S. Copeland and A. de Moor (2017). Community Digital Storytelling for Collective Intelligence: towards a Storytelling Cycle of Trust. AI & Society, https://doi.org/10.1007/s00146-017-0744-1 (download preprint or read article online).
Digital storytelling has become a popular method for curating community, organisational, and individual narratives. Since its beginnings over 20 years ago, projects have sprung up across the globe, where authentic voice is found in the narration of lived experiences. Contributing to a Collective Intelligence for the Common Good, the authors of this paper ask how shared stories can bring impetus to community groups to help identify what they seek to change, and how digital storytelling can be effectively implemented in community partnership projects to enable authentic voices to be carried to other stakeholders in society. The Community Digital Storytelling (CDST) method is introduced as a means for addressing community-of-place issues. There are five stages to this method: preparation, story telling, story digitisation, digital story sense-making, and digital story sharing. Additionally, a Storytelling Cycle of Trust framework is proposed. We identify four trust dimensions as being imperative foundations in implementing community digital media interventions for the common good: legitimacy, authenticity, synergy, and commons. This framework is concerned with increasing the impact that everyday stories can have on society; it is an engine driving prolonged storytelling. From this perspective, we consider the ability to scale up the scope and benefit of stories in civic contexts. To illustrate this framework, we use experiences from the CDST workshop in northern Britain and compare this with a social innovation project in the southern Netherlands.
Last October, I gave an invited talk at the School of Communication and Information, Rutgers University, USA. Topic of my talk was “Knowledge Sharing for Social Innovation: The Dutch Tilburg Regional Case”. I published the slides of my talk in a previous post. In the meantime, however, with the help of the good people of Rutgers’ IT staff, I worked on creating an indexed YouTube version of the video recording that was made of my presentation. In it, you can find the Tilburg story of knowledge sharing for social innovation. It contains the slides combined with my presenting them, plus a very lively Q&A with the audience afterwards. In this YouTube video, you can watch me tell the full story. Click here to get a larger version (handy for reading those crowded slides!).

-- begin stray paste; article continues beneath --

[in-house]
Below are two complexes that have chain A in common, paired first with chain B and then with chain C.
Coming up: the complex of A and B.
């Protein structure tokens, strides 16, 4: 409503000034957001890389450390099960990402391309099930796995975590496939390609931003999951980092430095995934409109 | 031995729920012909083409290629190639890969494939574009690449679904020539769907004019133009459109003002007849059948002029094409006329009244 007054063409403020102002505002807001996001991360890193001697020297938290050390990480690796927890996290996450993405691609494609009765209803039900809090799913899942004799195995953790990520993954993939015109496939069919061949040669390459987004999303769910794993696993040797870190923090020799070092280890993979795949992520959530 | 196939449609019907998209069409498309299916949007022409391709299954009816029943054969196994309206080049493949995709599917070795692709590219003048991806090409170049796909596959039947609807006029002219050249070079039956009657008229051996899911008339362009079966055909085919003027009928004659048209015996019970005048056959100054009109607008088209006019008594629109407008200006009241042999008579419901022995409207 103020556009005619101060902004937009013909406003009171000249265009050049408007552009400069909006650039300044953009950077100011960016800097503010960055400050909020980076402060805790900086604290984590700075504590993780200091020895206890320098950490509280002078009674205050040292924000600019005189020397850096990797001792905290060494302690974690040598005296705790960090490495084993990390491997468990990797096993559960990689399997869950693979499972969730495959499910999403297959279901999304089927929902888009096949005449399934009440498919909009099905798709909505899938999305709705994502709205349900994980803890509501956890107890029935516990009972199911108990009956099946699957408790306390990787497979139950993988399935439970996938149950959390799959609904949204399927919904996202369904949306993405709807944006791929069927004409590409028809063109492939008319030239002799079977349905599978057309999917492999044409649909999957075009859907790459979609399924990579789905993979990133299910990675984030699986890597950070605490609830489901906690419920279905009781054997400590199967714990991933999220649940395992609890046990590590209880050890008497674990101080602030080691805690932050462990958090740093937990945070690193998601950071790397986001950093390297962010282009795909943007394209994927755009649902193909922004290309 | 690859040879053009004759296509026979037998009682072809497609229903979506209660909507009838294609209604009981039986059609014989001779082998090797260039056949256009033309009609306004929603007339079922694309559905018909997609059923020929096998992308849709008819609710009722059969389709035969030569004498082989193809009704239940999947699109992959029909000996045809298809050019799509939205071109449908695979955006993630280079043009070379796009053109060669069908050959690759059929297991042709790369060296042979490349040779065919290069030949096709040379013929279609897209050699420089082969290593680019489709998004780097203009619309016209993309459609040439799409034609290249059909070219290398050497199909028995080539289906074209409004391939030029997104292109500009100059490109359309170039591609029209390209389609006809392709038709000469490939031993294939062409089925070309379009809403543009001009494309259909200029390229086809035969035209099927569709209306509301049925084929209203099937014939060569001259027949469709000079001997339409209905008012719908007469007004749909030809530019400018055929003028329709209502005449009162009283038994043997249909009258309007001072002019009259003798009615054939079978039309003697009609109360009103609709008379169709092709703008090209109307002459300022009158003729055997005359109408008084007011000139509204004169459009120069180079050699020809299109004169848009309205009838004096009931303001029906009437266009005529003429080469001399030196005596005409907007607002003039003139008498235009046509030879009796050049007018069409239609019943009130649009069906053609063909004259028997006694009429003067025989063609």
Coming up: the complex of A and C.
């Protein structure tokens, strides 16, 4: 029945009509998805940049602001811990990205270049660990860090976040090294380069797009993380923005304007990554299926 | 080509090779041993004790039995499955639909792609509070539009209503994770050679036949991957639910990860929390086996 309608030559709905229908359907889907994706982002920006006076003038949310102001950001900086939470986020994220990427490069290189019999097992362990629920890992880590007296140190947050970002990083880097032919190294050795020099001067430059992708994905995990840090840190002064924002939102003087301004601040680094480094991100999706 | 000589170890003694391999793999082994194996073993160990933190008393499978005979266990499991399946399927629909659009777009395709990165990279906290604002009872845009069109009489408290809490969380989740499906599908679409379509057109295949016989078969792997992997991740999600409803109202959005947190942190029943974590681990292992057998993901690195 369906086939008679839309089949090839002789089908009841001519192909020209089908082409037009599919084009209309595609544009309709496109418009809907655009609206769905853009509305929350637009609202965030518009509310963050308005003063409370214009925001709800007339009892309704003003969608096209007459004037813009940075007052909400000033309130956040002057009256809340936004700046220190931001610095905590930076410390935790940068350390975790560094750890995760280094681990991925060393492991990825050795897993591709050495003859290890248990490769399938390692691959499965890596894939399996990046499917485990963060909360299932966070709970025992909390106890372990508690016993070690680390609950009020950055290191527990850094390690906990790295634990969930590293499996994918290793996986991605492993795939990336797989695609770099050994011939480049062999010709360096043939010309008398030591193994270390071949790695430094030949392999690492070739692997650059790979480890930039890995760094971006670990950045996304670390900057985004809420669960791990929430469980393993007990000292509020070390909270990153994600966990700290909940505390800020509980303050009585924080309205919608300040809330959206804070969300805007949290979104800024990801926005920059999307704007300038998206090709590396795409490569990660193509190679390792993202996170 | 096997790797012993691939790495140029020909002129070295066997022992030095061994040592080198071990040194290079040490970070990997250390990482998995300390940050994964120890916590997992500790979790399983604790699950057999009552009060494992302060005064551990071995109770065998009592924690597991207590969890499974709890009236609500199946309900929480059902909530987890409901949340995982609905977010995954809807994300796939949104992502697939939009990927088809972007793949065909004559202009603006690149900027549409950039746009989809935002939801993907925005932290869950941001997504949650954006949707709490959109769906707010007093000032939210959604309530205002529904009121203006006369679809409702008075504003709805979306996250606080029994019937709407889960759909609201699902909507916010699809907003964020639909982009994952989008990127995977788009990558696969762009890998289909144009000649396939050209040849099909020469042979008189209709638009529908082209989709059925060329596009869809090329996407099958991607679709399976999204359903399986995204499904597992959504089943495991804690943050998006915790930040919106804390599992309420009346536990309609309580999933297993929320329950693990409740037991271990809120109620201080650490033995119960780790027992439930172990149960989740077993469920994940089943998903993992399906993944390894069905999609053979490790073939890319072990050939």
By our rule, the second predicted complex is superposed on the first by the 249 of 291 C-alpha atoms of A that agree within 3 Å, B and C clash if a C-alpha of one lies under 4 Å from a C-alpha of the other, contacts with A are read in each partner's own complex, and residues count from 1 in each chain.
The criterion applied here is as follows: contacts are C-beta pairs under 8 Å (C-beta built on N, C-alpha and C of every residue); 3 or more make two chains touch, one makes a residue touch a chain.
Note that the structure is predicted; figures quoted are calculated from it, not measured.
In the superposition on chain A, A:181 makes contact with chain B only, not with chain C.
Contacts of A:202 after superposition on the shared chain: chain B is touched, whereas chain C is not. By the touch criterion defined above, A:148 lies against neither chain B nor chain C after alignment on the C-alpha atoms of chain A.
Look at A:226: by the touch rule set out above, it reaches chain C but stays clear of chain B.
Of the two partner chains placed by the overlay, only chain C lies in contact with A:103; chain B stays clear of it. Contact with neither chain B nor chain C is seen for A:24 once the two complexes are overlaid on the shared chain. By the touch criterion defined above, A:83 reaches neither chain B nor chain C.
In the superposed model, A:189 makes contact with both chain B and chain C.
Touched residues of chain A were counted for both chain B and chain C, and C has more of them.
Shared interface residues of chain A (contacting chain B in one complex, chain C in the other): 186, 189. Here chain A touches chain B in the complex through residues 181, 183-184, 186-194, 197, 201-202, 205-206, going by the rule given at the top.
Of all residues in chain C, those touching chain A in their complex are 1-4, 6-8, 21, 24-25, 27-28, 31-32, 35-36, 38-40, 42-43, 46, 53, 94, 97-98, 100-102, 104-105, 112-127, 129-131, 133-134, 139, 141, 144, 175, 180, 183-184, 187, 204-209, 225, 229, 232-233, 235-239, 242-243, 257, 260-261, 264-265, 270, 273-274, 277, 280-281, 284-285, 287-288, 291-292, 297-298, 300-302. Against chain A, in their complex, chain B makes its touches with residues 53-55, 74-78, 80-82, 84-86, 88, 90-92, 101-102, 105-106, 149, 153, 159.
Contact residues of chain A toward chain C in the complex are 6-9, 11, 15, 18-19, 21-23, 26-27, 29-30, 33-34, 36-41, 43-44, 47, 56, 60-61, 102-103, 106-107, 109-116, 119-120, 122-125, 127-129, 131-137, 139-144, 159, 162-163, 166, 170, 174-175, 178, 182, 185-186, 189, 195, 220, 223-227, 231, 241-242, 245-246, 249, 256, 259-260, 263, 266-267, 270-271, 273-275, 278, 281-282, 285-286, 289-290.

If you want to jump to a particular topic, see the index below the video.
Earlier, we identified the Tilburg region to be full of social innovations, but still being weak in the knowledge sharing about them. Hopefully, my talk is one of many, many more. Looking forward to learning about your own stories.
On October 21st, I gave a guest lecture at Rutgers University, USA, having been invited by the Communication Department, the MCIS Program, and the Collaborative for Knowledge, Innovation and Design. Below my slides. A video recording of my presentation, and an interview by the School of Communication and Information with my host, Mark Aakhus, are still to follow.
Download slides here
Social innovation as a process is about multiple stakeholders working together on joint, economically and socially sustainable solutions for wicked societal problems. Social innovation both co-creates value for individual stakeholders involved, and contributes to the common good. It has been an important theme in the the Dutch city of Tilburg and the surrounding region of Midden-Brabant for years. A successful regional social innovation ecosystem exists. Knowledge sharing about the innovations remains a bottleneck, however. Two initiatives to increase regional social innovation knowledge sharing capacity are presented: the social innovation storytelling architecture and the Tilburg public library prototype KnowledgeCloud for catalyzing knowledge sharing across regional themes of interest.
I am currently attending an interesting session at the E-Campaigning Forum on digital storytelling. Stories are very powerful ways of motivating people to take action, to reflect on the implications of policies, to make abstract concepts concrete and so on.
In this age of Web 2.0 and user-created multimedia content, the old linear textual technologies for supporting storytelling like discussion forums are being complemented by a multitude of innovtive tools supporting new forms of content, interactivity and user involvement. Here are some telling examples of this new wave of tools. They still need to find their niche in the Internet landscape, but it is already becoming very clear that they provide powerful incentives for people to become more (inter)active and engaged.
- Animoto: automatically generates professionally produced videos using their own patent-pending technology and high-end motion design. Each video is a fully customized orchestration of user-selected images and music. Produced on a widescreen format, Animoto videos have the visual energy of a music video and the emotional impact of a movie trailer.
- Use webcam to record directly to website
- Tag specific moment within video
- Post comments to specific moments within the video
- Have complete control over who sees video
- JibJab: allows one to put one’s face on video and share it.
- SproutBuilder: Sprout is a quick and easy way for beginner and pro users to create living content including websites, widgets, banners, videos, music, photos, RSS feeds, calendars and more.
- Living Cultural Storybases: Nurturing the oral heritage of minority cultures in a digital world.
Good reference source:
- NFP2: what happens when not-for-profits, social media and people meet